Kosha - building an open music database for indian classical music
Learn about a technically stimulating open source project in the music domain that allows you to contribute to the community directly, and immediately.
Why isn’t there a standard dictionary of ragas? Why isn’t there a standard list of compositions of the trinity of Carnatic Music?
For a form of music that is centuries old, revolves around ragas and compositions, there is surprisingly less information that is structured, coherent, and on the internet. While the question of “Why?” can be daunting, “How do we solve it?” is easily answered: We build an open music database that is built by the community, for the community.
And while we’re at it, we’ll build adaptive and intelligent internet crawlers in Clojure, implement a ‘soundex’ algorithm for indic languages within Postgres, analyse music programmatically to rate the quality, and even find patterns in them!
Skeleton of the talk
The data is out there
- Detail of the different kinds of sources for the database. The most promising websites, books, the biggest reserves of recorded music, the varying qualities of recorded music, and their usability for research purposes.
- [6 minutes]
Mining the data into one place - a database
- What has been accomplished so far - of the kosha repository, the ragavardhini repository and r4g4.com.
- Building an intelligent crawler/scraper that can automatically tag/categorize the data that it scrapes. So we don’t have to write scrapers manually for every website.
- Mining data off books (digital and physical), retrieving music from known large reserves (AIR, academy, etc).
- [10 minutes]
Cleaning, knitting and organizing
- Data from multiple sources will be duplicated, filled with noise, incomplete, and inaccurate. We’ll engineer ways to deduplicate, denoise, and connect pieces of information together so we fill the missing gaps. This is non trivial, and enters the big data realm.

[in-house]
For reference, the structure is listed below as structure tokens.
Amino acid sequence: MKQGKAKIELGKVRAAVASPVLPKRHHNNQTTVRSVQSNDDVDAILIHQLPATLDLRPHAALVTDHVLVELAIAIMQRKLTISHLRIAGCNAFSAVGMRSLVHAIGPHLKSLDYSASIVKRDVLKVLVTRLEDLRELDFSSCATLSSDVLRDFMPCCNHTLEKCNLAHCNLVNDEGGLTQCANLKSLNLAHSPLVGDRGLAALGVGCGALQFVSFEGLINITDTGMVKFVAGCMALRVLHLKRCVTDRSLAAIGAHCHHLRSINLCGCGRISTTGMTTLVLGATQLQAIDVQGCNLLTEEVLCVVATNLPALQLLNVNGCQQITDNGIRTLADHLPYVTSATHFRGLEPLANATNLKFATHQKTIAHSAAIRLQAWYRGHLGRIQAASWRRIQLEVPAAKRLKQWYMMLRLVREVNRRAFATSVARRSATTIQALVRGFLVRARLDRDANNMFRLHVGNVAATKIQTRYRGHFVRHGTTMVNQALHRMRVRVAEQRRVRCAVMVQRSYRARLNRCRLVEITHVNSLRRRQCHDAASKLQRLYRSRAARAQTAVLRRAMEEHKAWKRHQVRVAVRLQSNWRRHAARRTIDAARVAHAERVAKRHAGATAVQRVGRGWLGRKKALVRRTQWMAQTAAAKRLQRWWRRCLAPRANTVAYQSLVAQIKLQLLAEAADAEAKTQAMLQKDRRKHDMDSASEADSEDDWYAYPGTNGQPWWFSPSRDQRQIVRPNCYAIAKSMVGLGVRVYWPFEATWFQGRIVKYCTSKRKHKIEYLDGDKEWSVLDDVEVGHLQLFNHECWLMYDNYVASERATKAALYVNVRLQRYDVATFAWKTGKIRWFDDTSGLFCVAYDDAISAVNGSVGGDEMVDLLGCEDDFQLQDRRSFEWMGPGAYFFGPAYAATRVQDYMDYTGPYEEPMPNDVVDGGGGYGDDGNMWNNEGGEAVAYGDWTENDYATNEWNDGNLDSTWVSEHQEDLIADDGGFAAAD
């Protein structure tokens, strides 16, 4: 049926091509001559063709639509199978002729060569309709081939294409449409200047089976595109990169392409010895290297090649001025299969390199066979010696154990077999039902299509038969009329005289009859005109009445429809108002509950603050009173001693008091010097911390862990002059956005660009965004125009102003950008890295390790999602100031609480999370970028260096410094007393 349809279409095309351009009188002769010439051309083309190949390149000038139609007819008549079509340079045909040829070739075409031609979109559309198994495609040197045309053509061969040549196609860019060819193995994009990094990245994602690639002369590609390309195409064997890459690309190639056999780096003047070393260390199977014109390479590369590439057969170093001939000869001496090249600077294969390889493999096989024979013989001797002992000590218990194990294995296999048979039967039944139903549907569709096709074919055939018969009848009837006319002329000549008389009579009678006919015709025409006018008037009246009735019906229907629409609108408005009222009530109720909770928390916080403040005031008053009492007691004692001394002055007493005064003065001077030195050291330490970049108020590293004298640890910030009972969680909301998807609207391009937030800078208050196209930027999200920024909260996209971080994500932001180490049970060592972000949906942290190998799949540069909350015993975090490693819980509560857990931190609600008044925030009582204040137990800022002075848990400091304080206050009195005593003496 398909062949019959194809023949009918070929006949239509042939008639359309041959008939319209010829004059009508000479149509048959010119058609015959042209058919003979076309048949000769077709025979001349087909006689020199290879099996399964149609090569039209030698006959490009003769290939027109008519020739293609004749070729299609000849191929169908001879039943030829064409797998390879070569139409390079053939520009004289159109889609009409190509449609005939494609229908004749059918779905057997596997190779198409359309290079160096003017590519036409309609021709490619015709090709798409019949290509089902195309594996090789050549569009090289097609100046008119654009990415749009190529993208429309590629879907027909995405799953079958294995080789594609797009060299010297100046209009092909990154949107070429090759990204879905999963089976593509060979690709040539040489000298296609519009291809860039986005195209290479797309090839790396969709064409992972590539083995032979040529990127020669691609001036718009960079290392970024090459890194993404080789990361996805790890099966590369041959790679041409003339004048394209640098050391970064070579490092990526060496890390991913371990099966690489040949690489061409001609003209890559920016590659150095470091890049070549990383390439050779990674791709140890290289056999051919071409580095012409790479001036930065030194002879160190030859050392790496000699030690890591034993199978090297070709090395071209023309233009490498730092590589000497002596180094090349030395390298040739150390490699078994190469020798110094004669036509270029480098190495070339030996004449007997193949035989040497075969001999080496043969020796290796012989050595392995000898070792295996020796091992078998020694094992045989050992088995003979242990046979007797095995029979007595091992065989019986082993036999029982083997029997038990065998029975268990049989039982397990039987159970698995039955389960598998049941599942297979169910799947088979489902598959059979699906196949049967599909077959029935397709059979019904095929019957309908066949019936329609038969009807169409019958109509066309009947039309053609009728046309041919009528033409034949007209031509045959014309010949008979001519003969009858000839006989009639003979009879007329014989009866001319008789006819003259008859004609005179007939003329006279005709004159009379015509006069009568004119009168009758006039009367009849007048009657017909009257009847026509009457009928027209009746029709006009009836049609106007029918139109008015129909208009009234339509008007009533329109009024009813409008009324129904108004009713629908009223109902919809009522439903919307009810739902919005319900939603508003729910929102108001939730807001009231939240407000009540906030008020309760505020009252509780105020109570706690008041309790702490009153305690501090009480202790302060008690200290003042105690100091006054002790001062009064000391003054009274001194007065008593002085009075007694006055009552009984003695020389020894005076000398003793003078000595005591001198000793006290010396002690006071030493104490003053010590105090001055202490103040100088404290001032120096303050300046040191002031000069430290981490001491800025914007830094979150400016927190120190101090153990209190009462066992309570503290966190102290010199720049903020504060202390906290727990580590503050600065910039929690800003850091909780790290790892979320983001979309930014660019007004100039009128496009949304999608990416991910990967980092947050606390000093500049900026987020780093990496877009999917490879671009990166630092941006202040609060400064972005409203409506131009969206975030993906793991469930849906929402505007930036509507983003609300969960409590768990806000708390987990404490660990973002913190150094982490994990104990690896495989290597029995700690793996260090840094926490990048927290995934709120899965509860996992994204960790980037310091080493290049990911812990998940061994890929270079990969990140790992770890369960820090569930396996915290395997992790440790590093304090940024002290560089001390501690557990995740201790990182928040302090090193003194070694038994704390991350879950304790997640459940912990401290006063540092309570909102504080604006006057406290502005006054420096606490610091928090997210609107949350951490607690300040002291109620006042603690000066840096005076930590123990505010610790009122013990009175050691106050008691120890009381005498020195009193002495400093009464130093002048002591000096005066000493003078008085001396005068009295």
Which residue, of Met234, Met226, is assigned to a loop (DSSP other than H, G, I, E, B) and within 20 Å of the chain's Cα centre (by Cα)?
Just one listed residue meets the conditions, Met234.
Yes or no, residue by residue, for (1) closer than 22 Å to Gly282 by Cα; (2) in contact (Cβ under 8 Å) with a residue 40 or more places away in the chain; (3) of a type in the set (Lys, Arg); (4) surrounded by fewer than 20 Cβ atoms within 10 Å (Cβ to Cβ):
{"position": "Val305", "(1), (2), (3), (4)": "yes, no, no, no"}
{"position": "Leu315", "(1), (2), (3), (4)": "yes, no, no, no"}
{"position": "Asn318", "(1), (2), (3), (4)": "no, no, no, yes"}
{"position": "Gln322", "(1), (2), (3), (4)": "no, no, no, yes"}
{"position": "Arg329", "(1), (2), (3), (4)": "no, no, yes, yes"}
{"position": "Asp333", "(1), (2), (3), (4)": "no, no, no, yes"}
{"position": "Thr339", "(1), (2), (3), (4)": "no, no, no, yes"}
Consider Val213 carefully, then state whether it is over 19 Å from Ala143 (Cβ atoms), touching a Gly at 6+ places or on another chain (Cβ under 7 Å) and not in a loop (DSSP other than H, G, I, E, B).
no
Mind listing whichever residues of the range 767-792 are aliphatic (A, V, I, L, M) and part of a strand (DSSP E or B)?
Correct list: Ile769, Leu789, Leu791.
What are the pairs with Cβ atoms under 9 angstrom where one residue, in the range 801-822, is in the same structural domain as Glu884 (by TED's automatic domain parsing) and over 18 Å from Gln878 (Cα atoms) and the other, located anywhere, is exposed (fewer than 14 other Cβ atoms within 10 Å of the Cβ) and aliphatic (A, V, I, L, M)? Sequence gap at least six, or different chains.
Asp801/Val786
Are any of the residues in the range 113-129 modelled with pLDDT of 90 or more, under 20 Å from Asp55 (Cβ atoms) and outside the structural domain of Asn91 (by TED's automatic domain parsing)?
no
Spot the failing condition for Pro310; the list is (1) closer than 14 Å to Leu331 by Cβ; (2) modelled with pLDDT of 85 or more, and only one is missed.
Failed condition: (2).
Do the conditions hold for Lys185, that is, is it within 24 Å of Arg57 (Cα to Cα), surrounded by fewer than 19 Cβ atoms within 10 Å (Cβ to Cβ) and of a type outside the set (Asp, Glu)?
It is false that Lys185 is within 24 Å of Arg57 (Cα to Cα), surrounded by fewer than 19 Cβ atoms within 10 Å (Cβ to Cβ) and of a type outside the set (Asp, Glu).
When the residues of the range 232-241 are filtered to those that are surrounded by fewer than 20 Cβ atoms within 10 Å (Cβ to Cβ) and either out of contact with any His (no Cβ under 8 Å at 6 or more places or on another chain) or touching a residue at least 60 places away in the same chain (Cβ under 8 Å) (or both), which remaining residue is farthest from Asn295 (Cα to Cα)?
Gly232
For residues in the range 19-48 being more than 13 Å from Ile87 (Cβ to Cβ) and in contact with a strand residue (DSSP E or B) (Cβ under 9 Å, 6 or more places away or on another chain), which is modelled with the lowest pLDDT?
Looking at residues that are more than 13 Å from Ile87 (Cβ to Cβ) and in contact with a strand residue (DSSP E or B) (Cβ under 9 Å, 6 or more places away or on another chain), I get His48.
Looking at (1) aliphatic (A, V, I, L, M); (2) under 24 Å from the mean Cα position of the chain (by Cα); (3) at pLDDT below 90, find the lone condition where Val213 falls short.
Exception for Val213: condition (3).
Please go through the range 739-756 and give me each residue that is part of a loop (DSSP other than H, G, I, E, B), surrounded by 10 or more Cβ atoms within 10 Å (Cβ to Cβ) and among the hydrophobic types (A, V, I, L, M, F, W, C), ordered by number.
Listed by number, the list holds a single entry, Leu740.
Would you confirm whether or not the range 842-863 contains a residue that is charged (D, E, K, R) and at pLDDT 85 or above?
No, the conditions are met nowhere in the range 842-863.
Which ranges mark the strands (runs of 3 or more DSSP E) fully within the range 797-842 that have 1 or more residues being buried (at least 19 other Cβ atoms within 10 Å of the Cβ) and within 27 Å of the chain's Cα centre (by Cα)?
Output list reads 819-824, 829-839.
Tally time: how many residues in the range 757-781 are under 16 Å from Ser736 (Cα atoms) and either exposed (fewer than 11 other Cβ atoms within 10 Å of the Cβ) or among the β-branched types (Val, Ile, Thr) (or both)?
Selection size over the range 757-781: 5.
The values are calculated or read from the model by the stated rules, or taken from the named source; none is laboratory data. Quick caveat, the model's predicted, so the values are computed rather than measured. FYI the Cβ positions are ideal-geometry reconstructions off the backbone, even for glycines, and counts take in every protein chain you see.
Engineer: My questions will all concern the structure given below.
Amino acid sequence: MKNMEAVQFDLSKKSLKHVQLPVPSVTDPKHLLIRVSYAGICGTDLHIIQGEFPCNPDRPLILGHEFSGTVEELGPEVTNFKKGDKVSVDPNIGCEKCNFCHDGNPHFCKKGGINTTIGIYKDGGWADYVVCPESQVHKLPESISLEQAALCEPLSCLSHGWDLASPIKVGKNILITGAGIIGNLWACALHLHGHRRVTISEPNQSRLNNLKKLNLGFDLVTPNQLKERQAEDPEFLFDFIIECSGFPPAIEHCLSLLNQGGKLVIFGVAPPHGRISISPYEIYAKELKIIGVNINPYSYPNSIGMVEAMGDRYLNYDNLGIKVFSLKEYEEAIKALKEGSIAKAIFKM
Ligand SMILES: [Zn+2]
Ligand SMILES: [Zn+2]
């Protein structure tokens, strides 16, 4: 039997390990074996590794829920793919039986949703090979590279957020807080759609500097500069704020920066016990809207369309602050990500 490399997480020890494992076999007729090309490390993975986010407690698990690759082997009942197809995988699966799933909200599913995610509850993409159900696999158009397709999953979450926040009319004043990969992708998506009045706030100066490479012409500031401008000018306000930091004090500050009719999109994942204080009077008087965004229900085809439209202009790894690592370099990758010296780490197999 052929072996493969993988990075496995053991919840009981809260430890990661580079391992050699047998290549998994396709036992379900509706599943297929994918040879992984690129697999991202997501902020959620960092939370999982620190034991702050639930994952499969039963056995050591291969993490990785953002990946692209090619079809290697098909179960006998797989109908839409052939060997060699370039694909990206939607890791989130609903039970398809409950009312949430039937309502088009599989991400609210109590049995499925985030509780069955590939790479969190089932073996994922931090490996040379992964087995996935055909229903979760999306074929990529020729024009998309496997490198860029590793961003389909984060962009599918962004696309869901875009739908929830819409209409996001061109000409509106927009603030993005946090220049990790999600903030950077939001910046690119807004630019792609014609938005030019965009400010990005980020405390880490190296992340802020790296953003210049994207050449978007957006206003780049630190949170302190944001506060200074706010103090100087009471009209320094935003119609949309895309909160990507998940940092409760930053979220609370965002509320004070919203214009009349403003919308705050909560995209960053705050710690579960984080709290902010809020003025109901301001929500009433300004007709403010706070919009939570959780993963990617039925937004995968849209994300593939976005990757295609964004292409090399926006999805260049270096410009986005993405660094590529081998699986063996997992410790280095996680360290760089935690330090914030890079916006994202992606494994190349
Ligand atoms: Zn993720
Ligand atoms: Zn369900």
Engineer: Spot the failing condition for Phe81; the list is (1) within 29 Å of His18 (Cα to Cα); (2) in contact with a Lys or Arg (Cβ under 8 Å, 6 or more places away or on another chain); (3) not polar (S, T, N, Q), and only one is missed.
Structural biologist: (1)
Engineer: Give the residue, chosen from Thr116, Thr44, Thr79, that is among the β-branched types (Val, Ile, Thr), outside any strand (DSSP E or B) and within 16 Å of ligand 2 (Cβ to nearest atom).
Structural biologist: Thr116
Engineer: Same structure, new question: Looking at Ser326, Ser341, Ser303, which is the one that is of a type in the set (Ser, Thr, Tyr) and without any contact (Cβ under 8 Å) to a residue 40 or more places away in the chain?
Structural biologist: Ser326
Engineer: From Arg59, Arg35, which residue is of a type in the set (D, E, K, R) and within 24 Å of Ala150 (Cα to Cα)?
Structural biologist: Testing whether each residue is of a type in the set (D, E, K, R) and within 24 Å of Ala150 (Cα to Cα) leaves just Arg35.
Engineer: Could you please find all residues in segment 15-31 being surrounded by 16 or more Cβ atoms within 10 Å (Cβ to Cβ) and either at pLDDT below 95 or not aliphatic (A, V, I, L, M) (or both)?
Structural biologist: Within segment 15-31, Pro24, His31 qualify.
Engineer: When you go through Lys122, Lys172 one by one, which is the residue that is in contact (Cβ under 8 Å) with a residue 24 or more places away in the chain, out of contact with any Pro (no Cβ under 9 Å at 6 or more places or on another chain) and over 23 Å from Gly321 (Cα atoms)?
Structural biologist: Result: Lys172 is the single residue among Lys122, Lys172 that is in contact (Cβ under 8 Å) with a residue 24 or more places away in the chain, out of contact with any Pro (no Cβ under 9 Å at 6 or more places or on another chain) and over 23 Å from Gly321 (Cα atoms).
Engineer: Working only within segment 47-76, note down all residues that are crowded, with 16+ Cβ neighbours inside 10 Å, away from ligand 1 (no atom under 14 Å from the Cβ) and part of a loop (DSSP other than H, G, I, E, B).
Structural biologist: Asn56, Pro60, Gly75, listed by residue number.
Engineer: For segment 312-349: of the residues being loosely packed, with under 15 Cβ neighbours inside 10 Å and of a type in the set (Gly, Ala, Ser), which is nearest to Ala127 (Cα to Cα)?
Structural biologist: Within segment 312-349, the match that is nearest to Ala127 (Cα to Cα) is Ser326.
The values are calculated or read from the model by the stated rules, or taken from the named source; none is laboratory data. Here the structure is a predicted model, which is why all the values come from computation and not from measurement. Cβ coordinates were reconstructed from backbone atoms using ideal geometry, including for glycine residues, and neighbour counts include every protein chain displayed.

- To find related chunks of data, we’ll have to improve the algorithm to search for a given keyword, given that we’re representing indic language words in english.
- [10 minutes]
Using the mined data
- What has been accomplished so far - of r4g4’s apis and interface.
- Building an interface to search the contents by keywords or free form, play music with ease, while having access to all the information about the kriti (meaning, notation, etc).
- Building APIs so other applications can use the database for other purposes (research).
- [10 minutes]
Why I think this is a big step forward
- Enter fantasy land (not really).
- Elimination of text books in music classes, removing need to remember scales of thousands of ragas, embracing compositions with meaning every time, learning at homes, having access to reliable information in our hands.
- [5 minutes]
Srihari is a FOSS enthusiast. He has contributed to Gimp, Eclipse, Diaspora and is excited about opportunities to give back. Over the last couple of years, he has worked on building an experimentation platform, delving into a particularly dense domain, meeting tight latency SLAs, and engineering assembly lines in software using Clojure.
He sings, and does music things in technology – he has worked on synthesizing gamakas, and has been building an open carnatic music database (the ragavardhini repo, r4g4.com) in his spare time.
He is a partner at nilenso, a hippie tree hugging bicycle riding software cooperative based in Bangalore. He blogs, plays basketball, and performs carnatic music occasionally.
- Carnatic Music Synthesis In Clojure, A talk I gave at FnConf – https://www.youtube.com/watch?v=12Uj6gpPA7k
- The repo for music synthesis – https://github.com/ssrihari/ragavardhini
- The repo for the open music database – https://github.com/ssrihari/kosha
- Slides of previous talks – https://speakerdeck.com/srihari